John Carter: Supporting Others

LONDON, ENGLAND - DECEMBER 12:  Oxford University Captain John Carter poses with the Varisty cup after winning the Varsity Match between Oxford University and Cambridge University at Twickenham Stadium on December 12, 2013 in London, England.  (Photo by Bryn Lennon/Getty Images)

He’s the former Sale Sharks flanker who’s embarking on a new role working for the RPA’s confidential counselling service providers and mental wellbeing experts, Cognacity. Meet John Carter, the most successful Oxford University captain in history and a fully qualified psychodynamic psychotherapist.

New Role

When I finished playing professional rugby I completed an MSt in Psychodynamic Psychotherapy at Oxford University. Following the degree I started working in a school as well as privately in Oxford, whilst continuing research at the University on transition from professional sport. Having worked closely with the RPA in the past I knew they had a fantastic partnership with Cognacity. I made the trip to Harley Street to meet with Dr Phil Hopley and Dr Gary Bell, both Consultant Psychiatrists at Cognacity. Phil and Gary were very welcoming and it was from there that I began a new role as a psychotherapist at Cognacity, where I see a broad range of clients, including professional athletes. It’s a great position as it allows me to integrate my experience from professional sport to help others, as well as to be part of an exceptional organisation that is consistently striving to be the best in its field. Cognacity has a strong set of values with a focus on people, and maintains a very consistent theme of working together to develop the understanding of mental health in society.

Working with Athletes   

Working with athletes is interesting and fulfilling. It is a wonderful feeling to share a space and connect with another person. I always work very hard to understand the person who sits across from me, to build trust in our relationship so that they may feel comfortable sharing what are often very painful experiences and feelings. Just as Cognacity is committed to continual improvement, I continuously develop my expertise to create meaningful difference to the people I work with. I do this by reflecting deeply on my clinical and theoretical work and by pursuing extensive professional development opportunities. I am currently completing my PhD in psychoanalytic psychotherapy at the University of Oxford. The work is challenging, rewarding and incredibly fulfilling with the vital aim being the improvement of client mental health.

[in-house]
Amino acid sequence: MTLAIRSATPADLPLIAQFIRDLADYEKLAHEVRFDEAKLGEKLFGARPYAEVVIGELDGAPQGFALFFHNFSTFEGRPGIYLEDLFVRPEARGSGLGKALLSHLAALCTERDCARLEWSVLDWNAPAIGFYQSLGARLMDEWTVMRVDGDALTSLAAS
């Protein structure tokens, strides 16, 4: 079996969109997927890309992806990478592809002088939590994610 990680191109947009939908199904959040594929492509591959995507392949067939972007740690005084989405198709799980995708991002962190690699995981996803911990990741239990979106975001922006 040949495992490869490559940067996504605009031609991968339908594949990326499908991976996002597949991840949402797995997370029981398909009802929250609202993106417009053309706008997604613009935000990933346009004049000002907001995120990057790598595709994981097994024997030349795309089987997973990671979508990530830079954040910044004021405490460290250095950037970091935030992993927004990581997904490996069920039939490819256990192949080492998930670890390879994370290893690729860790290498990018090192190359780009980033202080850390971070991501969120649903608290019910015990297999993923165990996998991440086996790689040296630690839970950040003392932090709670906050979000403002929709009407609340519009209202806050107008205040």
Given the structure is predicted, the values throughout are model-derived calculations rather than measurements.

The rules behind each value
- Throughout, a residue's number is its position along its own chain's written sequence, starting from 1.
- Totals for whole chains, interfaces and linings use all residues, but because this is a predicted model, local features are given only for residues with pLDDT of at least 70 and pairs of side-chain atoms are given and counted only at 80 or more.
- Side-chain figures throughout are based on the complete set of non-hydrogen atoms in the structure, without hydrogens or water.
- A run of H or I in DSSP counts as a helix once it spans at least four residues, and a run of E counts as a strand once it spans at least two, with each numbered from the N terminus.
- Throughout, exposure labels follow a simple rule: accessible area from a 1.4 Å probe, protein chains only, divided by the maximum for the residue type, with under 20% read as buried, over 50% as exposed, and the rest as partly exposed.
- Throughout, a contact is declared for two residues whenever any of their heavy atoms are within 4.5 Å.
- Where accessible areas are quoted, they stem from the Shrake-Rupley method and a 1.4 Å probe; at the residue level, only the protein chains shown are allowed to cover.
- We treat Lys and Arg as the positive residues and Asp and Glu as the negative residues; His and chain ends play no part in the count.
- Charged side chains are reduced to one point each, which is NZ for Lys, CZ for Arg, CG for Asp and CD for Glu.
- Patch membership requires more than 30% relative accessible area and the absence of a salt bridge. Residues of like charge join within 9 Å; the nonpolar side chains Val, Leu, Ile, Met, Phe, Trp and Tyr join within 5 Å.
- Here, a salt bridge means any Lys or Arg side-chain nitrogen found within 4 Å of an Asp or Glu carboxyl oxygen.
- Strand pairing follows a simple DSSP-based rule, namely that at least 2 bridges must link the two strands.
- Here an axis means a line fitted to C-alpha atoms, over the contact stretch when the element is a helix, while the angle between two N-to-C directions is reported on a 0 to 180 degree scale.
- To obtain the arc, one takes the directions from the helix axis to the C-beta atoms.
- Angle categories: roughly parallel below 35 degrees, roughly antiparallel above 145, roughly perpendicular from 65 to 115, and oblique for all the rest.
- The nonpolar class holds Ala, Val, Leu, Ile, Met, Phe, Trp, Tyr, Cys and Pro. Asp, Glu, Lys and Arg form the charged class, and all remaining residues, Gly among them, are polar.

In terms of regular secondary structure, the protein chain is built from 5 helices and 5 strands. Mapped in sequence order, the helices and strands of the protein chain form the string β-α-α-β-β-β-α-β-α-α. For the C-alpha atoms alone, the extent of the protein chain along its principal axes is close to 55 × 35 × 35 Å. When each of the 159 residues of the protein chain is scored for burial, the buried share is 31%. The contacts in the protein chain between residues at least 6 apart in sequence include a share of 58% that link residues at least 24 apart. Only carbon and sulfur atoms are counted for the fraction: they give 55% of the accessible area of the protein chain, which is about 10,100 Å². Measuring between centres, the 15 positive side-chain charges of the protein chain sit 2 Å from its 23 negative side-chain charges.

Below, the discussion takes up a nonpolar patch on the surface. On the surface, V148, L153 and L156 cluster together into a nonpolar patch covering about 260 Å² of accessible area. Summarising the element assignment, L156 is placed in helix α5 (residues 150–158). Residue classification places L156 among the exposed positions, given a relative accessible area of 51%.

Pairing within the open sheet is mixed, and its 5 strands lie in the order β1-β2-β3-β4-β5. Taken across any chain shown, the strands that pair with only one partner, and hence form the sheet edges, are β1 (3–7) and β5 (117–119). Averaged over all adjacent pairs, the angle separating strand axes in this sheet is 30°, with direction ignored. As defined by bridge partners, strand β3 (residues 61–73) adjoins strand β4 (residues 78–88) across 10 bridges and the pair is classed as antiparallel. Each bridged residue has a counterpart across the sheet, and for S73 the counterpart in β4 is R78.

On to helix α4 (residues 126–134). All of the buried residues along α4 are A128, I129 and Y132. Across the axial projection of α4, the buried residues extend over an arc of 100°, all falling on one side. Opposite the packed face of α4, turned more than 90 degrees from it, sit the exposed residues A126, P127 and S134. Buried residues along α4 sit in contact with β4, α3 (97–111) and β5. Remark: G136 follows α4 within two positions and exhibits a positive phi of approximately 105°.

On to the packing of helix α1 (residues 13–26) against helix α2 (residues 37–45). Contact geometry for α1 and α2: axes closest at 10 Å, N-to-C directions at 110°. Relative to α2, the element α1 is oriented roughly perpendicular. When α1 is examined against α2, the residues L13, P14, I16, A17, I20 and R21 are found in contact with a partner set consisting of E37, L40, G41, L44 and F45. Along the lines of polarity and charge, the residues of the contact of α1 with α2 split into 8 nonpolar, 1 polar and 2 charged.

Understanding the Competitive Mind

Athletes often face a range of different emotions, pressures and difficulties. I work with each person individually, attempting to understand the uniqueness and individuality of their experience. While high performance is key to success in the role of the athlete, the pressure, stress and losses suffered in the professional sport environment can cause the individual to experience a range of complex and distressing side effects. Many athletes who find themselves performing at elite levels have often enjoyed and thrived under the pressures that they find in those environments, so when something changes, goes wrong or a mental health issue does arise, it can not only be incredibly distressing in and of itself, but it can also be an overwhelming shock to their experience and their assumed capacity to deal with the unexpected. For example, the loss of something a person loves, whether a sport, a relationship, or a set of relationships, will inevitably cause extreme pain. This often needs to be processed in the presence of another person and, at this point, it is vitally important to reach out for support.

It’s Ok to Ask

I often find people isolate themselves when faced with difficult and upsetting circumstances rather than seek help. This can also be common in people and athletes who value their independence and have found success in their self-reliance. Sometimes the longer the isolation occurs the harder it becomes to reach out. Seeking help early is essential and can be a very powerful, preventative measure against further seclusion and loneliness in the face of an already difficult time.

Lift the Weight

The Lift the Weight campaign has raised awareness of mental health in sport and has created an incredible impact. My experience working with the RPA has always been very positive – it is such a caring and proactive organisation, which the Lift the Weight campaign has illustrated. Mental health is one of the most pressing challenges of our current time, not just in sport, but in society. With organisations like the RPA and Cognacity I feel we are making positive strides every day.

RPA members can access 24/7 confidential support by contacting Cognacity on 01373 858 080.

For important resources and advice please visit the Lift the Weight online hub: therpa.co.uk/lifttheweight